Wall Street Journal reviewer Walter Mossberg has finally come over from the Dark Side, acknowledging what PC world’s early adopters have known for months – i.e., that Microsoft’s latest operating system looks like a loser. While it’s hardly unusual for Rick’s Picks to put the knock on Microsoft, a company that couldn’t innovate its way out a Glad bag, it’s almost unheard of for Mossberg to do so. In the past, he’s played softball with the Redmond behemoth’s products because, if you want to keep your job as a computer-product reviewer for a major newspaper, you don’t pick fights with the largest software company in the world.
And yet, in a Personal Technology column published last week, writing with a boldness we’ve never before seen in the man, Mossberg said in effect that unless your computer is practically brand new, you’d have to be crazy to “upgrade” to Windows 8: “To be sure,” Mossberg wrote, starting in low gear, “people upgrading newer PCs, whose makers anticipated Windows 8 or have software patches ready to accommodate it, will likely have a much better experience. I learned—too late—that neither of the computers I was upgrading was on the list of models for which their manufacturers provided such patches. This may be because, in both cases, aspects of their hardware weren’t up to snuff for Windows 8’s more demanding requirements.” Oh, come on, Walter! Up to snuff?? Don’t blame it on your equipment. Just come out and say it!
Death’s Head Warning
And boy, did he ever! Mossberg’s next sentence should be affixed to every Windows 8 installation disk, like an FDA death’s head to a pack of cigarettes: “The touch pad on my Lenovo ThinkPad X301 laptop can’t be used to scroll in the new tabletlike Start Screen environment in Windows 8, or to perform certain Windows 8 gestures. And, on the HP TouchSmart 300, the touch screen isn’t precise or sensitive enough to reliably perform Windows 8’s touch gestures every time. Plus, the microphone doesn’t work. Oh, and to get the HP to stop freezing, I had to perform a procedure that wiped out most of my installed software, including HP and Microsoft MSFT +1.40% programs.”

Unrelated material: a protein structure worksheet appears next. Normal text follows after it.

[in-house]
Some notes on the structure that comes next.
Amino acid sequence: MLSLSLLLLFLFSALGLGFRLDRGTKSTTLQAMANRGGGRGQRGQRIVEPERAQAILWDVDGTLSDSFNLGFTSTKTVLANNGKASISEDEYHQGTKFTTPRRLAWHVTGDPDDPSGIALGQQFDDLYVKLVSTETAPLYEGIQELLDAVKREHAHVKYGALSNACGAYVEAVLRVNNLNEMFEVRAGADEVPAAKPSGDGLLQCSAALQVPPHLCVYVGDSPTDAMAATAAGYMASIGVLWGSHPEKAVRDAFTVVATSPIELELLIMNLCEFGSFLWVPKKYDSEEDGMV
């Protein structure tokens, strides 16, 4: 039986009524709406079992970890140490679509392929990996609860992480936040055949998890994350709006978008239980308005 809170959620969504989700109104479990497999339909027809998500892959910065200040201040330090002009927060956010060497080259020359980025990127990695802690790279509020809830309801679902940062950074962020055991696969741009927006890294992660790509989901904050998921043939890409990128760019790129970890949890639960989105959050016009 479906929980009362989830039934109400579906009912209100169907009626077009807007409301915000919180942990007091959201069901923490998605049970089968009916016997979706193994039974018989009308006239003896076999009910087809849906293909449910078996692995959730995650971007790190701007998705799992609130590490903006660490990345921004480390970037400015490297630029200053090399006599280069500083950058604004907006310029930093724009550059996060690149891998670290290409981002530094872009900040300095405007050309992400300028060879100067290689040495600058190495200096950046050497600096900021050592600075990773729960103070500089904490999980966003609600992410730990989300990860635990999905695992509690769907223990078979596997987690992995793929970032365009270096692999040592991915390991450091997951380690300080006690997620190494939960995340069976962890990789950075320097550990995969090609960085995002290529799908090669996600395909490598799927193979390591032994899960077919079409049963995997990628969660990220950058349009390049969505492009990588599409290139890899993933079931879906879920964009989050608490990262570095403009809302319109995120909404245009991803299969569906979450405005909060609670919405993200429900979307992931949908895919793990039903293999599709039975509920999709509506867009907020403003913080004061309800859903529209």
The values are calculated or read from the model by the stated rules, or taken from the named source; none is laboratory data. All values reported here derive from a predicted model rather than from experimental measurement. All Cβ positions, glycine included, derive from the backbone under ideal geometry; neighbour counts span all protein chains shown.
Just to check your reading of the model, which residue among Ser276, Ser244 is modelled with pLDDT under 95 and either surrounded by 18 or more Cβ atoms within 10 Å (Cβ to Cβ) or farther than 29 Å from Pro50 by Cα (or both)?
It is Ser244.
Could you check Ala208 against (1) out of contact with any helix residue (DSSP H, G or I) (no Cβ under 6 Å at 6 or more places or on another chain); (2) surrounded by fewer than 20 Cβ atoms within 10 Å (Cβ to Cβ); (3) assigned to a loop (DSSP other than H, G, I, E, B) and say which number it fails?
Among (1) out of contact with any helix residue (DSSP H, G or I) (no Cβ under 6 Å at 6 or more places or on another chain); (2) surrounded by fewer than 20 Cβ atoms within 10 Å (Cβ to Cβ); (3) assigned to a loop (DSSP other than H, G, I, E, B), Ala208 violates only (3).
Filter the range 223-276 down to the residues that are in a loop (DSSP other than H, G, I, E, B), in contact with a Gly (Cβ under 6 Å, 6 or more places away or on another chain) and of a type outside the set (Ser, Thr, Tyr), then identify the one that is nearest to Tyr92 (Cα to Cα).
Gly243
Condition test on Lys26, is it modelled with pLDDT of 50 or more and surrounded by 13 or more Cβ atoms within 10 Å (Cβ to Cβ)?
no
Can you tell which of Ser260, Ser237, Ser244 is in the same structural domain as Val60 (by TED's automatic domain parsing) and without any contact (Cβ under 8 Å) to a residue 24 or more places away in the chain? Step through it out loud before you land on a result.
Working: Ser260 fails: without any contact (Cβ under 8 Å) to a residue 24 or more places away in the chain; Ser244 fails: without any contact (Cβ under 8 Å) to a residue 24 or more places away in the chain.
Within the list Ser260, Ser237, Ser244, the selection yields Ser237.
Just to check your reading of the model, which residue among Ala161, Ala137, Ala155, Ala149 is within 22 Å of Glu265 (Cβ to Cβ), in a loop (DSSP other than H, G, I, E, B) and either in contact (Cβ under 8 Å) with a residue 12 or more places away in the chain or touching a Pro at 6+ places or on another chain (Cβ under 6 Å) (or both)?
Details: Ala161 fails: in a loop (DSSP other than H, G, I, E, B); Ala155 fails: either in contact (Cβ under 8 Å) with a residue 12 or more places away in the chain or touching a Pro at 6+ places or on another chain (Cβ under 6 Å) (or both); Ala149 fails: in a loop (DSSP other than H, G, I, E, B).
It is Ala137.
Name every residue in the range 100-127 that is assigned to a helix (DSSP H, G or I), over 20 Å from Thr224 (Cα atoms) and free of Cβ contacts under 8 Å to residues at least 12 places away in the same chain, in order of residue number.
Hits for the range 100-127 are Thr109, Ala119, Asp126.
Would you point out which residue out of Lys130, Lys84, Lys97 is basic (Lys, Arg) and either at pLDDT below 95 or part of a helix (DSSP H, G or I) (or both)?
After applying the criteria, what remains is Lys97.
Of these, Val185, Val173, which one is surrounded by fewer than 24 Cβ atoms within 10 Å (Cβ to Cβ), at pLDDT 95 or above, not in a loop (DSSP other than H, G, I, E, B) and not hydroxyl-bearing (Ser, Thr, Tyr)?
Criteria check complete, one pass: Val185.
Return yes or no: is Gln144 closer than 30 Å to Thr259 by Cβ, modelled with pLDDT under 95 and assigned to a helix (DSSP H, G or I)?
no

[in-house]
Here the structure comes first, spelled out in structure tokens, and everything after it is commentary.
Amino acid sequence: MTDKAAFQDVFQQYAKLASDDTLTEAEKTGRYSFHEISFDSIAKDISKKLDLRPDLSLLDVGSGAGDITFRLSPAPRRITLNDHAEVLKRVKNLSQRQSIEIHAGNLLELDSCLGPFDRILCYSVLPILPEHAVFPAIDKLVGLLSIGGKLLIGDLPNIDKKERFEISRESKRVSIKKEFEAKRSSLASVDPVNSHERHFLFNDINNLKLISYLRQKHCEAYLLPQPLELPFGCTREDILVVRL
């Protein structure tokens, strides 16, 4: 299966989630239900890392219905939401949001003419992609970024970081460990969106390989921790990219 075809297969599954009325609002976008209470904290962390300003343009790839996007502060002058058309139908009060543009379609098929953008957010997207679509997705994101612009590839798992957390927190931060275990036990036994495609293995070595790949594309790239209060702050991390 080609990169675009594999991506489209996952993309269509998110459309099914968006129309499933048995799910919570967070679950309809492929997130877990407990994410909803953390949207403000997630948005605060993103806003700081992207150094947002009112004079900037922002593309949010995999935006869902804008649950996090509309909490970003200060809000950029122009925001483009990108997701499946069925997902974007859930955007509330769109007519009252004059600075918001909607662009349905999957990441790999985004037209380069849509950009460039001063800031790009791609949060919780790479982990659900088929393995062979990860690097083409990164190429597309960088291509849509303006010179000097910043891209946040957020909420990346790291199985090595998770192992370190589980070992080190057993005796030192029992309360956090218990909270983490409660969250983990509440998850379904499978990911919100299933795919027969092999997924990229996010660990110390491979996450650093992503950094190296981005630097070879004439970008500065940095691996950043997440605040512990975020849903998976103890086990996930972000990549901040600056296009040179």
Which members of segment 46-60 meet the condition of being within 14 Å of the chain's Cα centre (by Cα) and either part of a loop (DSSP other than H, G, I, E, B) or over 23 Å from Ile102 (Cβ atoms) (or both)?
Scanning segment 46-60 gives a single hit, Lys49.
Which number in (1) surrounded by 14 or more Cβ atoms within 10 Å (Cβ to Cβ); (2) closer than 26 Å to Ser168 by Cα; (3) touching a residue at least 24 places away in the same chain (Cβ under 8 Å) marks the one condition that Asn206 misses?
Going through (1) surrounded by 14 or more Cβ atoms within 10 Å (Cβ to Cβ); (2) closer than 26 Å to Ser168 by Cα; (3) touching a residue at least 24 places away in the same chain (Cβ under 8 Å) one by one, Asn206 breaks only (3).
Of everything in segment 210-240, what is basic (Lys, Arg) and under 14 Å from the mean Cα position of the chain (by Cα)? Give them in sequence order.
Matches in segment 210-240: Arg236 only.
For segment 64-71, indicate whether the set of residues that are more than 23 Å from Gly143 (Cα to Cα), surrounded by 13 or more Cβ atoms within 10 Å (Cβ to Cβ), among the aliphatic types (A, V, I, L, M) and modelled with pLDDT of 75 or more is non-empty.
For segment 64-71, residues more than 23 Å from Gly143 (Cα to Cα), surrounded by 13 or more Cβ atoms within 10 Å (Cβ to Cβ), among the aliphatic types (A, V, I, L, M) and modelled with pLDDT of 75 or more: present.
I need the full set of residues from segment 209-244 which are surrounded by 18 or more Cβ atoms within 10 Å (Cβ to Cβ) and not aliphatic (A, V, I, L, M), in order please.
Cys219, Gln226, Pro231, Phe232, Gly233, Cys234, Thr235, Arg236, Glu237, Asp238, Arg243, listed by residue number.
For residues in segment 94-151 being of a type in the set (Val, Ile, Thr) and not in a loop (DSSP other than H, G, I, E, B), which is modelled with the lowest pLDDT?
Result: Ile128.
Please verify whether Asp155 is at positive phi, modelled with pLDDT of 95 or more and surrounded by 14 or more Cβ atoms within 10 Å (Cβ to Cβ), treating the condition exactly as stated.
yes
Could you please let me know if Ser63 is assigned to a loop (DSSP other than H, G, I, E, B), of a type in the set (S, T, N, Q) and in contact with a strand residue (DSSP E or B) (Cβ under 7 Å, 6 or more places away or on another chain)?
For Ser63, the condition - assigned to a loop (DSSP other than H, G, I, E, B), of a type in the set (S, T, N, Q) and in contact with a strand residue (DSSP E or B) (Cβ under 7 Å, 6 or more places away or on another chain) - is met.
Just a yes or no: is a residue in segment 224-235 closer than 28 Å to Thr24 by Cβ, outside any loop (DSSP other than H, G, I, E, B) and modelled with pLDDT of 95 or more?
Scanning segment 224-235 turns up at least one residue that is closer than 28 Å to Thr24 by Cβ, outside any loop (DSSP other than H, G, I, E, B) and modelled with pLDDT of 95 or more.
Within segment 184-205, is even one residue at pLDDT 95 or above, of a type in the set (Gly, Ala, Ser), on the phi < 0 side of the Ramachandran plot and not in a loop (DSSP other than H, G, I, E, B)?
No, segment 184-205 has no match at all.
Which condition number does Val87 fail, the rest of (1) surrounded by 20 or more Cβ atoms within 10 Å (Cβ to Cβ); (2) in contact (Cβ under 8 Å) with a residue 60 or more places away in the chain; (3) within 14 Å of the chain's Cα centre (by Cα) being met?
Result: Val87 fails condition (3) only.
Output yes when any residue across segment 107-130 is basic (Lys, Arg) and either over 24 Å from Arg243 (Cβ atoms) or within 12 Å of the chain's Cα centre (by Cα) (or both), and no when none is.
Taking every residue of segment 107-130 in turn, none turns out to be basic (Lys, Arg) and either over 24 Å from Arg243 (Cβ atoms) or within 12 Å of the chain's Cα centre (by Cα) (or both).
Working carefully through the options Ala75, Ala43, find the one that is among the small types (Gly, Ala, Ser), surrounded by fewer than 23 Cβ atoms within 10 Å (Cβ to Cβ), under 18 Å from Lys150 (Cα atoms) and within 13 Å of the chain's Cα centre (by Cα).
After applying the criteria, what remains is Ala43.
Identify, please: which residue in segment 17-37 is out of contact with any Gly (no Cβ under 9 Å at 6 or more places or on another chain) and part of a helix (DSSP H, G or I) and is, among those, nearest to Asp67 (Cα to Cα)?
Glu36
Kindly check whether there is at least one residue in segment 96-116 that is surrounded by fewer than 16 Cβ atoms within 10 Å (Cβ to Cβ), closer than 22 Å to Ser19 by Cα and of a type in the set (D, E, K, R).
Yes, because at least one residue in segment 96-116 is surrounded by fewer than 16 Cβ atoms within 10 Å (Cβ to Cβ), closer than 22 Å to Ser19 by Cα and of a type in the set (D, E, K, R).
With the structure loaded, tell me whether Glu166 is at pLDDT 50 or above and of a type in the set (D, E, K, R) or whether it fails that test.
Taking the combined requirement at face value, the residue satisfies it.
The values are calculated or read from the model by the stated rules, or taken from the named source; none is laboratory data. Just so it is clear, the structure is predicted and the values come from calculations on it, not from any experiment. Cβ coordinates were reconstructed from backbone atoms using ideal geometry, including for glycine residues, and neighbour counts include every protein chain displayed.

Makes you want to run out and buy a copy, doesn’t it? Usually, Microsoft’s operating-system updates either correct egregious problems in previous versions, or gratuitously change things so that older versions eventually become obsolete. Business users long ago tired of this game, but with the release of Windows 8, which is designed to enable touch-screen functions, corporate customers have a better reason than ever to say, “No more!” And so they have, and for PC makers this couldn’t have happened at a worse time. Because of the growing popularity of tablets, computer sales were plummeting before Windows 8 was released in October. Now, however, consumers have an even bigger reason to put off PC purchases for as long as possible, since the new operating system features an interface that will be unfamiliar to everyone. That’s one reason we wrote in November that Windows 8 would prove to be the biggest disaster in the company’s history. Click here to read this trading “tout” in its entirety, including bearish price targets and a back-up-the-truck low where you could actually buy the stock without much fear.
To paraphrase Adam Smith, there’s a lot of ruin in a company with a $60 billion cash surplus and an operating system installed on 400 million desktops. However, it’s hardly inconceivable that a “Black Swan” could come along that changes the O/S paradigm sufficiently to render Windows, and perhaps even the Office suite, obsolete overnight. In any case, Microsoft’s ability to exploit its near-lock hold on PC operating systems can only diminish over time as the company continues to follow, rather than lead, in virtually every area of innovation.